No. Because participation was voluntary, and the topics of work and health have the potential to provoke strong opinions at HMC, it is impossible to determine the impact self-selection may have had on the results. Additionally, there is variation in responses across respondents and across weeks. Therefore, it is important to keep in mind that these results do not necessarily represent generalizations about the entire HMC community, or any one gender, race, class year or department in particular. We do know that more than one in three Mudders (36 percent) participated in the study and, of those who participated, the majority (52 percent) provided data for 12 out of 13 weeks. That increases our confidence that the findings do document the experiences of respondents.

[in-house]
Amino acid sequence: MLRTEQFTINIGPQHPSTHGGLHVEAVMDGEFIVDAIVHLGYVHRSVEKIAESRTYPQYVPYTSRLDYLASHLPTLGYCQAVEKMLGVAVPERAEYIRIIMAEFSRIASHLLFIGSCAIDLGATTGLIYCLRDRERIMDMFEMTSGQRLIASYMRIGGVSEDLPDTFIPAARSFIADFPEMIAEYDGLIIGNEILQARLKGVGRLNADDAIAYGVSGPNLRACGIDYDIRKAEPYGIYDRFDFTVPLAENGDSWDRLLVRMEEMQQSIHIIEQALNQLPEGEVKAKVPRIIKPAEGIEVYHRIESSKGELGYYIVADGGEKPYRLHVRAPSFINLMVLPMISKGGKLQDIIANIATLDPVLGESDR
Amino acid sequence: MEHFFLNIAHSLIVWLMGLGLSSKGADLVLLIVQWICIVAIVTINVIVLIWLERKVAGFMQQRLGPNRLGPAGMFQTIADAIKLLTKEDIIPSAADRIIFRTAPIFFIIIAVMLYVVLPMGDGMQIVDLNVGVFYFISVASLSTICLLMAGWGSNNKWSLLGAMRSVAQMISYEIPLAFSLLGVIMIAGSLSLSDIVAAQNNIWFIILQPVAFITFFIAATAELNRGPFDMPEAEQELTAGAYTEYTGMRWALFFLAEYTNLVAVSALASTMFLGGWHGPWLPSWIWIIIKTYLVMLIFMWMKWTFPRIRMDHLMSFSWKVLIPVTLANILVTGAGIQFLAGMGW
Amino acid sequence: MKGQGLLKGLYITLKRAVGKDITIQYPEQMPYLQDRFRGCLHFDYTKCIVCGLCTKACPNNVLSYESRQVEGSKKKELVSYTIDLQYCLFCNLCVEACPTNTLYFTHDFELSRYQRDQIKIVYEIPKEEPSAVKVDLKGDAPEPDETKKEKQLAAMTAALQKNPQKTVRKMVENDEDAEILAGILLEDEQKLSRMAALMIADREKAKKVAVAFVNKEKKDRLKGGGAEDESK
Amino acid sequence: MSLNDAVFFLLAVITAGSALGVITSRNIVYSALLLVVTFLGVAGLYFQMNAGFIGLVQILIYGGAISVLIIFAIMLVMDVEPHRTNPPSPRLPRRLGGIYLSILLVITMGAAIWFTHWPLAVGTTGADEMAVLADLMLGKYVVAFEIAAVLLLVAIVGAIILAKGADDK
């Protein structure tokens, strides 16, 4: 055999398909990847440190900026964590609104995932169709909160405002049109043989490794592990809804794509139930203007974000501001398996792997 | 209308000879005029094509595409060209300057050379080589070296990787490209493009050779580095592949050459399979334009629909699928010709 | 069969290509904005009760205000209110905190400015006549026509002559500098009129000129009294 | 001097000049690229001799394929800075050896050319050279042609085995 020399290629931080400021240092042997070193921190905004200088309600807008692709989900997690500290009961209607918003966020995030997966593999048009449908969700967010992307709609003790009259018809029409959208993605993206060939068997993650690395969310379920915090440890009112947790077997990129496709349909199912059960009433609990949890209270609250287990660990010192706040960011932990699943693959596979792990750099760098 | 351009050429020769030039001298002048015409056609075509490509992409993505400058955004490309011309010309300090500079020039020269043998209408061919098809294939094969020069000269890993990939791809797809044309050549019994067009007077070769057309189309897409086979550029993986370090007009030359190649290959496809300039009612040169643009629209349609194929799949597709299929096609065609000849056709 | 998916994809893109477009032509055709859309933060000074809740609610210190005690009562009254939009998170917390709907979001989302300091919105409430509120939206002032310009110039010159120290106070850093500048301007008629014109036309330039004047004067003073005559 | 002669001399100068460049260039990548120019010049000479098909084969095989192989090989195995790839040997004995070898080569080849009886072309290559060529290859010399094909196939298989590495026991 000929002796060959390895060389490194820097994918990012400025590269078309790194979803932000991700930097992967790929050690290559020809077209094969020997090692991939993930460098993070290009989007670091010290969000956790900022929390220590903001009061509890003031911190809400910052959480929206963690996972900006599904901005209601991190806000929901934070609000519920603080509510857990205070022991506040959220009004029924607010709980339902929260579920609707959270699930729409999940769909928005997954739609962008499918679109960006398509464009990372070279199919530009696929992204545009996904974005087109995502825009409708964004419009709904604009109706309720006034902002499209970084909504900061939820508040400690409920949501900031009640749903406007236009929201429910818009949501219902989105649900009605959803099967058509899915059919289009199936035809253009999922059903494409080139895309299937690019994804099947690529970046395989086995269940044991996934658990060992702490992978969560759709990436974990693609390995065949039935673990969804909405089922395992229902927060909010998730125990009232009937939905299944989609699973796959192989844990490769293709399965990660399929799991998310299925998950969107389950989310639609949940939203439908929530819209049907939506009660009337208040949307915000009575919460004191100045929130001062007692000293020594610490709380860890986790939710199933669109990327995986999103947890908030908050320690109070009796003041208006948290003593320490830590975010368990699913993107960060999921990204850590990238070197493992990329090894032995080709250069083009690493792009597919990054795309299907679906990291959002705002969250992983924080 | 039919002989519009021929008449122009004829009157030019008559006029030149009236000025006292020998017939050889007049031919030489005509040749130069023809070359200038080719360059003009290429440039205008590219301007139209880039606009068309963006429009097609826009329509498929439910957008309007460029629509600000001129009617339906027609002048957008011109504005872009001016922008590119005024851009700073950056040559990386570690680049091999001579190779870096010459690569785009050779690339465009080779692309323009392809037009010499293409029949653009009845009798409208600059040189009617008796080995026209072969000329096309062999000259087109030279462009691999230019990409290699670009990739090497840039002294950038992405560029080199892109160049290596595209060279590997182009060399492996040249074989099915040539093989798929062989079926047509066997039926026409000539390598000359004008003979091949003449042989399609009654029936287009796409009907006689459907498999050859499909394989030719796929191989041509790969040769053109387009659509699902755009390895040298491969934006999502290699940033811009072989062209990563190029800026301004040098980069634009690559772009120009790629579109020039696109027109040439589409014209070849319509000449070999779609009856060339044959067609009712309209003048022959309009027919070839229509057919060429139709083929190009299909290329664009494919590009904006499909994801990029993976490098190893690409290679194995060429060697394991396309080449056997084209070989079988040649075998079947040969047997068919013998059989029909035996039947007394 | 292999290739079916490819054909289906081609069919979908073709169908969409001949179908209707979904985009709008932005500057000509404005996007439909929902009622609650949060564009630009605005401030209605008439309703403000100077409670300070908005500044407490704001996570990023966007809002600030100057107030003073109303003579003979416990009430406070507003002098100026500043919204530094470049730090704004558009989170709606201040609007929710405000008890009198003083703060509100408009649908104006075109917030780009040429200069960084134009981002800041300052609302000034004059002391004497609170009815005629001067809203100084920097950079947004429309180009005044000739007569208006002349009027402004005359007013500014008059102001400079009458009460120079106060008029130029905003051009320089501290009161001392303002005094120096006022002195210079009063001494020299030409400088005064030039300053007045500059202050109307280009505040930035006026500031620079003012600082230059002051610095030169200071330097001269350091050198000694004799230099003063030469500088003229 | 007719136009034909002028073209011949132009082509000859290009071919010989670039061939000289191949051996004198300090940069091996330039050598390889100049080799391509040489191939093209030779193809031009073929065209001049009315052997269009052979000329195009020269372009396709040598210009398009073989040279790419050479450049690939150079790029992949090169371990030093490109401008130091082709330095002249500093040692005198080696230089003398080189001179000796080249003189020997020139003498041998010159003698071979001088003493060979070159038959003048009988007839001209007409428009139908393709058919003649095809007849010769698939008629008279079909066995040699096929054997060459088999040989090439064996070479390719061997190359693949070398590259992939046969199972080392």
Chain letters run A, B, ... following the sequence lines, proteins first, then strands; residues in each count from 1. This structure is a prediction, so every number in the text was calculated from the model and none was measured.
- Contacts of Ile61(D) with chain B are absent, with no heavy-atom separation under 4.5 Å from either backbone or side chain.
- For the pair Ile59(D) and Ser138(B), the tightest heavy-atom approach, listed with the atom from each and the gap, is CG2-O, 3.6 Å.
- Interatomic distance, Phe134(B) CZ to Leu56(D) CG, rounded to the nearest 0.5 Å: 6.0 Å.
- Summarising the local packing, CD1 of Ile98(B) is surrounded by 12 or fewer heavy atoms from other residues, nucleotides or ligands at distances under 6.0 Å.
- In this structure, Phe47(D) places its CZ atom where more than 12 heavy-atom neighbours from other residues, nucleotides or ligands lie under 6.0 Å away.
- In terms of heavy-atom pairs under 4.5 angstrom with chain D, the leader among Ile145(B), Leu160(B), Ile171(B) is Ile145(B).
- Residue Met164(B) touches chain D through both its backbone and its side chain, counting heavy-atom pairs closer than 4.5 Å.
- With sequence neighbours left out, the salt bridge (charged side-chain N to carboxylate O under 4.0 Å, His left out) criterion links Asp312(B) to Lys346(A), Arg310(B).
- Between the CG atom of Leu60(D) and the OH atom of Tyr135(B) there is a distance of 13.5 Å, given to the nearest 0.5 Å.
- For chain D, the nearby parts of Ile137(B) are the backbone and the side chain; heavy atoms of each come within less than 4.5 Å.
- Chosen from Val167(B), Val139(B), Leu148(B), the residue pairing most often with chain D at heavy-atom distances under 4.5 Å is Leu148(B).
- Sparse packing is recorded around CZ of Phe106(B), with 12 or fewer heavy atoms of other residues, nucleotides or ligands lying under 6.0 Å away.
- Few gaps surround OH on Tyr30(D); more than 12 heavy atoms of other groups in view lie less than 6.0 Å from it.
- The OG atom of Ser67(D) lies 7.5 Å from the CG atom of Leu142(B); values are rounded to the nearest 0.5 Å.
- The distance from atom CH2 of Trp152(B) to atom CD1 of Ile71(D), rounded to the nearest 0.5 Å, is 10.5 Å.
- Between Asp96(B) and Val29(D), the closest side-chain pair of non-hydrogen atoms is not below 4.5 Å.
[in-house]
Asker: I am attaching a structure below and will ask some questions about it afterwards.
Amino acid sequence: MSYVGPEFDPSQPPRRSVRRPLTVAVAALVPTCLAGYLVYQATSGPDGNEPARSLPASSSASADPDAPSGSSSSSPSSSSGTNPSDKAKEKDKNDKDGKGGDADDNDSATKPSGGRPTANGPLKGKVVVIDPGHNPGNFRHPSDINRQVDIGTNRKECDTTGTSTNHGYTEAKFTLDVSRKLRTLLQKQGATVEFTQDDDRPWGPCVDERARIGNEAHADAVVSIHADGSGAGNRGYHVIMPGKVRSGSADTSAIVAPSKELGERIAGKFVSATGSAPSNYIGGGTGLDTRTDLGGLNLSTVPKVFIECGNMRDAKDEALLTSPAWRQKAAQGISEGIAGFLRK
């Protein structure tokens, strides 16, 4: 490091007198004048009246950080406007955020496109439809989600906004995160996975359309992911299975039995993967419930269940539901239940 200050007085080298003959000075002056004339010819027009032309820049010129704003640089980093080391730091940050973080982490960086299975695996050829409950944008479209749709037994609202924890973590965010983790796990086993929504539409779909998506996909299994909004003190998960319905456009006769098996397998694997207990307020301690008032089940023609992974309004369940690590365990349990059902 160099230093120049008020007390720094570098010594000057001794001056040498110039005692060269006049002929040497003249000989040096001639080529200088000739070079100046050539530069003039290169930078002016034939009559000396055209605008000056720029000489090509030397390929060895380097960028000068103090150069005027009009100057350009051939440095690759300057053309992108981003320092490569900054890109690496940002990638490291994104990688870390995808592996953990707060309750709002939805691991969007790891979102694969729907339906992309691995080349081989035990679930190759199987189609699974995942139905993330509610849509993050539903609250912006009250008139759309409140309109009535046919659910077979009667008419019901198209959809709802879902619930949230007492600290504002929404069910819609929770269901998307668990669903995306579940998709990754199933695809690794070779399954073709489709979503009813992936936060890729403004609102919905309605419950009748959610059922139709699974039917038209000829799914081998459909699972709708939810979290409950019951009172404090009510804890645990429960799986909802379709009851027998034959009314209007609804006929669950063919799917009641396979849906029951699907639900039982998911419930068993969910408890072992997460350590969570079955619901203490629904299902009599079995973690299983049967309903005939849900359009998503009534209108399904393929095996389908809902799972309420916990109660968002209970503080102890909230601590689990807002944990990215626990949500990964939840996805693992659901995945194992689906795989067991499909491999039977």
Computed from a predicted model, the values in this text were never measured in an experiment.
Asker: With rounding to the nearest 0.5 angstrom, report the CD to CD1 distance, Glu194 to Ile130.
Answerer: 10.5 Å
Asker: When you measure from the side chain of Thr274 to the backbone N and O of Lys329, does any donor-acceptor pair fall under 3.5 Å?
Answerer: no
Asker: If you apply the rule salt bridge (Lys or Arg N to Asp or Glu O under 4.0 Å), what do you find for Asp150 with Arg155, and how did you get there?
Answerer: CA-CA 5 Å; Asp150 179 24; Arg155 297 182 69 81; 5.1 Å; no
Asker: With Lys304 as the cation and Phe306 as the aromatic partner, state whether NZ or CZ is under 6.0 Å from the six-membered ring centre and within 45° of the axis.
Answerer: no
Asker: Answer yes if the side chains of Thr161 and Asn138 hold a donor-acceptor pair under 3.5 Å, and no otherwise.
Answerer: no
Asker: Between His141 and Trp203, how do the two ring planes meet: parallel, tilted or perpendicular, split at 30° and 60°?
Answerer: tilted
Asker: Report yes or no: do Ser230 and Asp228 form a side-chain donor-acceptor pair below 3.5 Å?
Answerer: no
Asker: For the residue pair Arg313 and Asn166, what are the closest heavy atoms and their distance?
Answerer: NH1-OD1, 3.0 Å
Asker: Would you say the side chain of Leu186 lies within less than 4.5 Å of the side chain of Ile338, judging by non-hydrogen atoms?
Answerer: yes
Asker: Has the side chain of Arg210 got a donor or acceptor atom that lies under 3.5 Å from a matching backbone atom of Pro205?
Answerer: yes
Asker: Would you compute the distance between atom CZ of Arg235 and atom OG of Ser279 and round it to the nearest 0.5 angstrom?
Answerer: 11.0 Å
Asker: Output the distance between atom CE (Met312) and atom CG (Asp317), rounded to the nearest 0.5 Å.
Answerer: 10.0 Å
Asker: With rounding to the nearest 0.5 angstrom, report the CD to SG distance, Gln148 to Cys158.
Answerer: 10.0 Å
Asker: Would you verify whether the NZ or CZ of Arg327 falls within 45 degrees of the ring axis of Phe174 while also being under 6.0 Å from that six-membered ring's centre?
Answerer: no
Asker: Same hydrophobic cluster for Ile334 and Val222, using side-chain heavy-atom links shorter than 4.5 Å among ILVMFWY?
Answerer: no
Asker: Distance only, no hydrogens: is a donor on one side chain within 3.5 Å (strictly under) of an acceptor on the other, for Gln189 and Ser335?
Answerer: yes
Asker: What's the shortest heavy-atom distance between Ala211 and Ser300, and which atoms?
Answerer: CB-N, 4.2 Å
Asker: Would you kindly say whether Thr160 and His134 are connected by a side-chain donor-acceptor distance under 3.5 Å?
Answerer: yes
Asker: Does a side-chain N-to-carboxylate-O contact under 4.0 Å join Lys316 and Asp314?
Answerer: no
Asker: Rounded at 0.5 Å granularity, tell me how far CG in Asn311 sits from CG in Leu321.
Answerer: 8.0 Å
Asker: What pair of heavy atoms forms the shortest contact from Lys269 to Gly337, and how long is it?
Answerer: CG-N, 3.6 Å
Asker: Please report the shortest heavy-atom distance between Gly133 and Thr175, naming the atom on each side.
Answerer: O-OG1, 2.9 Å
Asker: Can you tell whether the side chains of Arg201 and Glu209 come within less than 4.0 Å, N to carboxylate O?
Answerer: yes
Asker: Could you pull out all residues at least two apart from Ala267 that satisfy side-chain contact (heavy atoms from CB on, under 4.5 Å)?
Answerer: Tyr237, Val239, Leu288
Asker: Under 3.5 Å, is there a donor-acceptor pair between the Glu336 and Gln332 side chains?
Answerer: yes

Why are you sharing selected findings and not the full results?

This site is designed to share important findings that are relevant to all students, faculty and staff at HMC, to provide the ability to investigate the data in ways that allow the community to understand the findings and to use the data to contribute to the productive conversations on campus about workload, health and wellness. Additional findings are expected in the future and will be shared here.

What about the written comments? Why aren’t those included in the analysis?